Volume 93 | Number 5 | September-October 2005
A review of Conflict in the Cosmos: Fred Hoyle's Life in Science, by Simon Mitton. A cogent assessment of the life of a power broker in the British scientific establishment who remained an outsider, accumulated enemies and espoused unpopular theories.
A review of Incompleteness: The Proof and Paradox of Kurt Gödel, by Rebecca Goldstein, and A World Without Time: The Forgotten Legacy of Gödel and Einstein, by Palle Yourgrau. Two books aimed at a popular audience attempt to explain who Gödel was and why his work was of fundamental significance.
A review of Striper Wars: An American Fish Story, by Dick Russell. Striped bass are once again plentiful, but they're having trouble getting enough to eat.
A review of A Genetic and Cultural Odyssey: The Life and Work of L. Luca Cavalli-Sforza, by Linda Stone and Paul F. Lurquin. Stone and Lurquin portray well the trailblazing iconoclasm and intellectual breadth of this important scientist.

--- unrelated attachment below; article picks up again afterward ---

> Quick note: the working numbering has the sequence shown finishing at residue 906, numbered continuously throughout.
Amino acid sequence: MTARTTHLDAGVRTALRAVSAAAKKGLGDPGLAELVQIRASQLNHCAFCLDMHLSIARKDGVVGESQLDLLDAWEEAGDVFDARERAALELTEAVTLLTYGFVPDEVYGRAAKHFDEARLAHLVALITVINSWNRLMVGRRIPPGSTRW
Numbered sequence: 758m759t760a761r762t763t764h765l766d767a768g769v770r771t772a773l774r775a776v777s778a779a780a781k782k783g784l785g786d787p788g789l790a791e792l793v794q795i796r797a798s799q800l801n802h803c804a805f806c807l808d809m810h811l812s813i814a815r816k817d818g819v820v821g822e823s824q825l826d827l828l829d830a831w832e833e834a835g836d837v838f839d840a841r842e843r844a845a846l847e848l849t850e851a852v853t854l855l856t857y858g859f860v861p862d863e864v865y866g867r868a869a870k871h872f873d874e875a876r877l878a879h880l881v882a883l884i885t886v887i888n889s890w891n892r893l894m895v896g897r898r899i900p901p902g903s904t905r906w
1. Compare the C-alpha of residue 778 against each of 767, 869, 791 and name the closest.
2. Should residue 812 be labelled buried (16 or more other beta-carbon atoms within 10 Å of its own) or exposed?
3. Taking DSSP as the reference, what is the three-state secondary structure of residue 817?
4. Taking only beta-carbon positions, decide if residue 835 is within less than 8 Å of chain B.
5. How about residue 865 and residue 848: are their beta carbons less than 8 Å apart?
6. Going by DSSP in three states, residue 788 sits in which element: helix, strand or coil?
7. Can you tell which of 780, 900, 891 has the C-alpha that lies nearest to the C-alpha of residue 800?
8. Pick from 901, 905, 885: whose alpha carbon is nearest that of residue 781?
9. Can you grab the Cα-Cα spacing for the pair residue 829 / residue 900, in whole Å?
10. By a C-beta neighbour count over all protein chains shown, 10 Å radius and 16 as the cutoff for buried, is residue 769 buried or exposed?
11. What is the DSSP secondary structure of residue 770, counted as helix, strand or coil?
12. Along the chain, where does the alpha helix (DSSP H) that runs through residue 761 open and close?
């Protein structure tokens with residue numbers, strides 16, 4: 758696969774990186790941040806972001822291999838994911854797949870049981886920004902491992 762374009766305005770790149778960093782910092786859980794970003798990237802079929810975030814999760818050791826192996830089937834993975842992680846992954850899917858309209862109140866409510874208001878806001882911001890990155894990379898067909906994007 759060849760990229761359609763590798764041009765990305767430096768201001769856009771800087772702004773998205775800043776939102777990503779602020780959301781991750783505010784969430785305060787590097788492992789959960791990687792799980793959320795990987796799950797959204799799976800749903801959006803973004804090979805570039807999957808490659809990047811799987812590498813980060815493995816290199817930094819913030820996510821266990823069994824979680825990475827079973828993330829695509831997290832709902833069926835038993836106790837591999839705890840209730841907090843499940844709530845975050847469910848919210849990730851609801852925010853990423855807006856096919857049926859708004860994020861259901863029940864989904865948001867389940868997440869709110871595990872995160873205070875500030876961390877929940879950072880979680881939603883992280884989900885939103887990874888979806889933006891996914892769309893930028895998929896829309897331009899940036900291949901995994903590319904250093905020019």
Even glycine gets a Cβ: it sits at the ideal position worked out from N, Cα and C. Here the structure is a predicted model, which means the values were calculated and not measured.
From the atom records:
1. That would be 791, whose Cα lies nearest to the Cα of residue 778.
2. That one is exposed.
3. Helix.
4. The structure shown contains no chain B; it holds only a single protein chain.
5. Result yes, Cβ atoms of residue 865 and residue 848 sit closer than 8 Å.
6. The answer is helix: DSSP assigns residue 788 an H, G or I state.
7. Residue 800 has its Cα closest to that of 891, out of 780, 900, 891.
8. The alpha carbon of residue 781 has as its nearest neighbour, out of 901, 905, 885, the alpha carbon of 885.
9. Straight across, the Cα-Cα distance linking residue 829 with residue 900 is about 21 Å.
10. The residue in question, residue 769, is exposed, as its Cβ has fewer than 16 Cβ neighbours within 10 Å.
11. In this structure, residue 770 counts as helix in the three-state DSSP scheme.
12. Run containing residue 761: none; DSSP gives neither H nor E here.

Total Records : 14
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ANIMATION: Hydrangea Colors: It’s All in the Soil
The Hydrangea macrophylla (big-leafed hydrangea) plant is the only known plant that can 'detect' the pH level in surrounding soil!
One of the world’s most popular ornamental flowers, it conceals a bouquet of biological and biochemical surprises. The iconic “snowball” shaped hydrangea blooms are a common staple of backyard gardens.
Hydrangea colors ultimately depend on the availability of aluminum ions(Al3+) within the soil.
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